What books did you read when you were a child?
My favourites were Just William, The Twits and Brer Rabbit series. Basically, books about naughty children, naughty grown-ups and naughty rabbits.
If you could be a storybook character who would you be?
The BFG. I’m six foot seven (one inch away from being an actual giant) and like him I often get my words mixed up when I’m talking (not so much when I’m writing).
What is the best thing about reading?
Escapism. You get to be someone else for a while and have eye-popping, bloodcurdling adventures.
What is your all time favourite book?
All-time favourite? That’s a big ask! Probably the Gospel of Luke in the Bible. It’s full of timeless, powerful stories like the parable of the prodigal son and the story of Zacchaeus.
Other than reading books what is the most important thing a parent can do to help develop their children’s communication skills?
We try to eat our evening meal together every day. Quality time around the dinner table, talking, laughing and sharing news - no phones allowed!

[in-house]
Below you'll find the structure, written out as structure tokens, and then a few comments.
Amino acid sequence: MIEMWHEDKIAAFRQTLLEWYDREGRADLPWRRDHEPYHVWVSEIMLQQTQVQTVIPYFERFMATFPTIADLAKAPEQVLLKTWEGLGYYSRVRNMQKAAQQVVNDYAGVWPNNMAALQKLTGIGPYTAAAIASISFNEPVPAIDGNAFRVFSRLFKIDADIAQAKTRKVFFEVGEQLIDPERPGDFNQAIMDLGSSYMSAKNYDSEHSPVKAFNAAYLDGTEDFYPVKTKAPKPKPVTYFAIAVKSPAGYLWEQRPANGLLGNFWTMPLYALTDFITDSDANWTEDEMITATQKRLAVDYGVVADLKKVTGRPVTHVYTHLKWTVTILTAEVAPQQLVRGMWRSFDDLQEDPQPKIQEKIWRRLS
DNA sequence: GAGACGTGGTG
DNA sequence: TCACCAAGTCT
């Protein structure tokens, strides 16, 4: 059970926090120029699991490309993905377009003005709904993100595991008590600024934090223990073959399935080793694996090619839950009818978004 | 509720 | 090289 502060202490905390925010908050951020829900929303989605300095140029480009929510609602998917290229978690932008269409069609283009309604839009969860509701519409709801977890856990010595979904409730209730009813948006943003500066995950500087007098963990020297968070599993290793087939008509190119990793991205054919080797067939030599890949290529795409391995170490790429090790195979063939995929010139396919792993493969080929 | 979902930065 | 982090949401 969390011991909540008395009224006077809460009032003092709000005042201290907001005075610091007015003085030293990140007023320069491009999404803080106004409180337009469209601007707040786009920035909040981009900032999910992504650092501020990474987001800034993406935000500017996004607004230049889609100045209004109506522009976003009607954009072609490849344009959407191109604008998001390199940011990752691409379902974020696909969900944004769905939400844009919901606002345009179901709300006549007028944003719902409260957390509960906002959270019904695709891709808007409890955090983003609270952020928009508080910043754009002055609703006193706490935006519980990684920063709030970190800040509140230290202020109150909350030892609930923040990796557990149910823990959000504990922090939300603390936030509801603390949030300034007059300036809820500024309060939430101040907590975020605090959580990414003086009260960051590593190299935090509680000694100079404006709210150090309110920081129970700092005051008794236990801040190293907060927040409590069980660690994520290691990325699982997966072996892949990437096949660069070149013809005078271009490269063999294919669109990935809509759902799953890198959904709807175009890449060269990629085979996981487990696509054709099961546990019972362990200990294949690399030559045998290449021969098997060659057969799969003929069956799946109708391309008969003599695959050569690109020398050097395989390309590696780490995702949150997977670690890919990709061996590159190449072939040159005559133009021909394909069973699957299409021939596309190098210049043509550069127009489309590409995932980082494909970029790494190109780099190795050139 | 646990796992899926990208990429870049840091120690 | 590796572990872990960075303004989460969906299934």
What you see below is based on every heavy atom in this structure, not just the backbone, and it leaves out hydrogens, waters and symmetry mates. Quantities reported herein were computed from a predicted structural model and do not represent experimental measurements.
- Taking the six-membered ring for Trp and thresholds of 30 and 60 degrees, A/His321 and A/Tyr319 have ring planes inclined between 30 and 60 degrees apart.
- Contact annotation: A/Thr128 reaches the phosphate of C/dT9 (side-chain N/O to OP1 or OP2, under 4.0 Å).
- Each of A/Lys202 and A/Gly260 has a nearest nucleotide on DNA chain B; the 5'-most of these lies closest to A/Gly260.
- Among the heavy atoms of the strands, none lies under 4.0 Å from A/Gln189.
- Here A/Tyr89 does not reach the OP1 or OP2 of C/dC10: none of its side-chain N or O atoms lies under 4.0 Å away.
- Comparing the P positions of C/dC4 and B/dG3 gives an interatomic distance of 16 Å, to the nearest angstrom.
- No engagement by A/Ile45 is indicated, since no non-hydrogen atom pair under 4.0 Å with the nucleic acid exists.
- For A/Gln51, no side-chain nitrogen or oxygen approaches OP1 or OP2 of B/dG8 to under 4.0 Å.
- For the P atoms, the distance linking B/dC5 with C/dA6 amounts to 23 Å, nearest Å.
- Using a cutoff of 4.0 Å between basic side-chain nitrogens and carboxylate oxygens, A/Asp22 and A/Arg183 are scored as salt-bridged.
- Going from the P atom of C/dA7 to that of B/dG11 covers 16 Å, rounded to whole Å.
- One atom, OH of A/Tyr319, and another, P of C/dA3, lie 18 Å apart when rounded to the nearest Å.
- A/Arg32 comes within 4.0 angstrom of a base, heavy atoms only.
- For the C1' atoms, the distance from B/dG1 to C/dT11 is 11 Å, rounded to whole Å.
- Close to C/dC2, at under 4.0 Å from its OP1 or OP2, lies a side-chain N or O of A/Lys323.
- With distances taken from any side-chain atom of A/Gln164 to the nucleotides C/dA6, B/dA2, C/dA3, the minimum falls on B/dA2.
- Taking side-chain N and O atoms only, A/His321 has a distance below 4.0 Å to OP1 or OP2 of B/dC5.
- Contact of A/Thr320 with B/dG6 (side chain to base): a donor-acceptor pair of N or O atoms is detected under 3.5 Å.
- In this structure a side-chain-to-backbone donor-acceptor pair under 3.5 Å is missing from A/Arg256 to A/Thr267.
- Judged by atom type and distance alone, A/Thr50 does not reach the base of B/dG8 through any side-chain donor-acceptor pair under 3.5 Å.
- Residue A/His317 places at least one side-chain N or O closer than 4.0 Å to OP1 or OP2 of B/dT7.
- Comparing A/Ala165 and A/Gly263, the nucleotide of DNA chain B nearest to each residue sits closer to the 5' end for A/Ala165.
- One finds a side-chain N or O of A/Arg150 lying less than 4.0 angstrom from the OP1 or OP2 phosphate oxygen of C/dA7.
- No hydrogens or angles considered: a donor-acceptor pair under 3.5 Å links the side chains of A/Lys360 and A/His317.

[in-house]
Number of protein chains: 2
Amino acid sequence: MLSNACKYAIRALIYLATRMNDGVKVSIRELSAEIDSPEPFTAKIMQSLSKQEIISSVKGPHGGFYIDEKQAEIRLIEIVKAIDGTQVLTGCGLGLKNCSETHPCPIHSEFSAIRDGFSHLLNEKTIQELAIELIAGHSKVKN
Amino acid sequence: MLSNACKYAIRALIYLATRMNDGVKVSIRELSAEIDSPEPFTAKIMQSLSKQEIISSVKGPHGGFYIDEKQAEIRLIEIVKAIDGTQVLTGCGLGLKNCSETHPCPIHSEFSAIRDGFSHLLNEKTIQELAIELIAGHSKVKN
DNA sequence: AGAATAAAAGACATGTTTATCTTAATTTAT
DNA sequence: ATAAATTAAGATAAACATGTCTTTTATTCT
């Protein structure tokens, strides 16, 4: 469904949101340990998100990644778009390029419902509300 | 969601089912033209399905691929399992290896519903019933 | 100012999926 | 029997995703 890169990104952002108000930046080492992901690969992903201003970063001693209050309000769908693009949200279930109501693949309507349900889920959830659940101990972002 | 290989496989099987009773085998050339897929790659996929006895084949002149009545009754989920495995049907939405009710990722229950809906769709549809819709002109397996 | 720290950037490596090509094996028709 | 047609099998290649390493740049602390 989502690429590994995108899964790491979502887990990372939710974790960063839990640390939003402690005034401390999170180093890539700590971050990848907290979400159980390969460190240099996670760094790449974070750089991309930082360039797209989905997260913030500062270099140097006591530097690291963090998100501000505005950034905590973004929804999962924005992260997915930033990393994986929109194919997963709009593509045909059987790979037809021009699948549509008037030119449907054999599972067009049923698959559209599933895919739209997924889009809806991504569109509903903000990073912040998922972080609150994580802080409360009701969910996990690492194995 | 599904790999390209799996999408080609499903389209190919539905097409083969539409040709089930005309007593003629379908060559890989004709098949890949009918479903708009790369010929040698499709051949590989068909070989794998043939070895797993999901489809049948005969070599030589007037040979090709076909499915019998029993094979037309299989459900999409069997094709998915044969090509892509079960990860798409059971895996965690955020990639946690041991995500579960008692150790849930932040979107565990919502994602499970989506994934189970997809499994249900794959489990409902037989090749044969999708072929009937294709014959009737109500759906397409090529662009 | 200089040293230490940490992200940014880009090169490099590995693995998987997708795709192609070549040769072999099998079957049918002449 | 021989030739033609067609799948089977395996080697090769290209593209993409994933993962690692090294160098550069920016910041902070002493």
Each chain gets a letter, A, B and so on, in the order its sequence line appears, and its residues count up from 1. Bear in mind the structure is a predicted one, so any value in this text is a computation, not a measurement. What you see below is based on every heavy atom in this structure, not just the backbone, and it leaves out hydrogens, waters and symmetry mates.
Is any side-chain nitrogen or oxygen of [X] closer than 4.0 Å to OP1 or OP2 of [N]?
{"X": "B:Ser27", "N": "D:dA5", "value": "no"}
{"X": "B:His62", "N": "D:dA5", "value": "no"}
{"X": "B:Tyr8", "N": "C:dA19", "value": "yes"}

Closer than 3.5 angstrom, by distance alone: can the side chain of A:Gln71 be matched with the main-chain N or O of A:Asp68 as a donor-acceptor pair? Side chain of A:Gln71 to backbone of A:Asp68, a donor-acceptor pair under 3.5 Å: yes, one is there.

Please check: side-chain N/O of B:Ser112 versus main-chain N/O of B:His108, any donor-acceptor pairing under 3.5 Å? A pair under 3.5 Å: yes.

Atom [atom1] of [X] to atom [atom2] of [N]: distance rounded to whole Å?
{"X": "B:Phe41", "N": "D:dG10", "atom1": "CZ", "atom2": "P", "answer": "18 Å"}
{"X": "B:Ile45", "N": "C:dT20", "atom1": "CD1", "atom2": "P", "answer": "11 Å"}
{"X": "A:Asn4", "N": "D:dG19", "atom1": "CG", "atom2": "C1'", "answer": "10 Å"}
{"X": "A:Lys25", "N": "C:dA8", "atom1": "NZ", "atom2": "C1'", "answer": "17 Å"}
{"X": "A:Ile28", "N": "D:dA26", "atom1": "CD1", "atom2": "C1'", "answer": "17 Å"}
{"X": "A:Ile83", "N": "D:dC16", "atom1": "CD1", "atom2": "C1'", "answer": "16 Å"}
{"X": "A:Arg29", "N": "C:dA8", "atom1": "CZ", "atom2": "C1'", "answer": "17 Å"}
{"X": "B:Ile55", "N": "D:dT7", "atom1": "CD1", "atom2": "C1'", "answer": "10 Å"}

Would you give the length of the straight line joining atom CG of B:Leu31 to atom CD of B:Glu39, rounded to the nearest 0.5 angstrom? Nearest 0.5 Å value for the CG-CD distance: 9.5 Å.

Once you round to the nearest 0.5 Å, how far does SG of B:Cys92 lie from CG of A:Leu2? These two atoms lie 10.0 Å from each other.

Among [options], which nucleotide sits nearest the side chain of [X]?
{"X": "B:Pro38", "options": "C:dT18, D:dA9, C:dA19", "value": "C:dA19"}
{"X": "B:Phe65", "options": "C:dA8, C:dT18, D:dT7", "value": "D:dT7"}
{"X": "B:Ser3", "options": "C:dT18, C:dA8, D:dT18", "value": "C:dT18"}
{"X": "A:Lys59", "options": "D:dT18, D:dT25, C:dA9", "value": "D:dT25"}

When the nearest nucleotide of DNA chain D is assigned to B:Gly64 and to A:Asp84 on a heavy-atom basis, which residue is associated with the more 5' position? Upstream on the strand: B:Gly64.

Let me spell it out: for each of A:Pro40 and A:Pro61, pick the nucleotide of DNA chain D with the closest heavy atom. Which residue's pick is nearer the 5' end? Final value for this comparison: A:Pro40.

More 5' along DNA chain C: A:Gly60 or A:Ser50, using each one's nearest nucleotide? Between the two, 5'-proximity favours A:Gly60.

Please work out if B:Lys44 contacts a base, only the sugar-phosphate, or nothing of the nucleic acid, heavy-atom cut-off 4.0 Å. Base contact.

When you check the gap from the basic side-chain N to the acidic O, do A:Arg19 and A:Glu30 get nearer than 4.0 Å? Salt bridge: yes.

How big a part did your parents play in encouraging your writing skills?
They helped me see that writing was supposed to be FUN, and they always made sure I had plenty of paper to write on.
How do you encourage your children or grandchildren to read, what books do you enjoy reading with them?
I love reading with my daughters, who are aged six and nine. I do most of my writing in a public library, so I bring home armfuls of books for them - not the Enid Blyton books I enjoyed as a child, but books by contemporary authors. At the moment my younger daughter is reading the Hilda books (what can I say?) and the older one is reading the brilliant Murder Most Unladylike series by Robin Stevens.
Stephen lives in London with his wife and two daughters. He enjoys visiting schools in the UK and overseas, helping students with their own creative writing. His new book is HILDA AND THE NOWHERE SPACE, published by Flying Eye Books.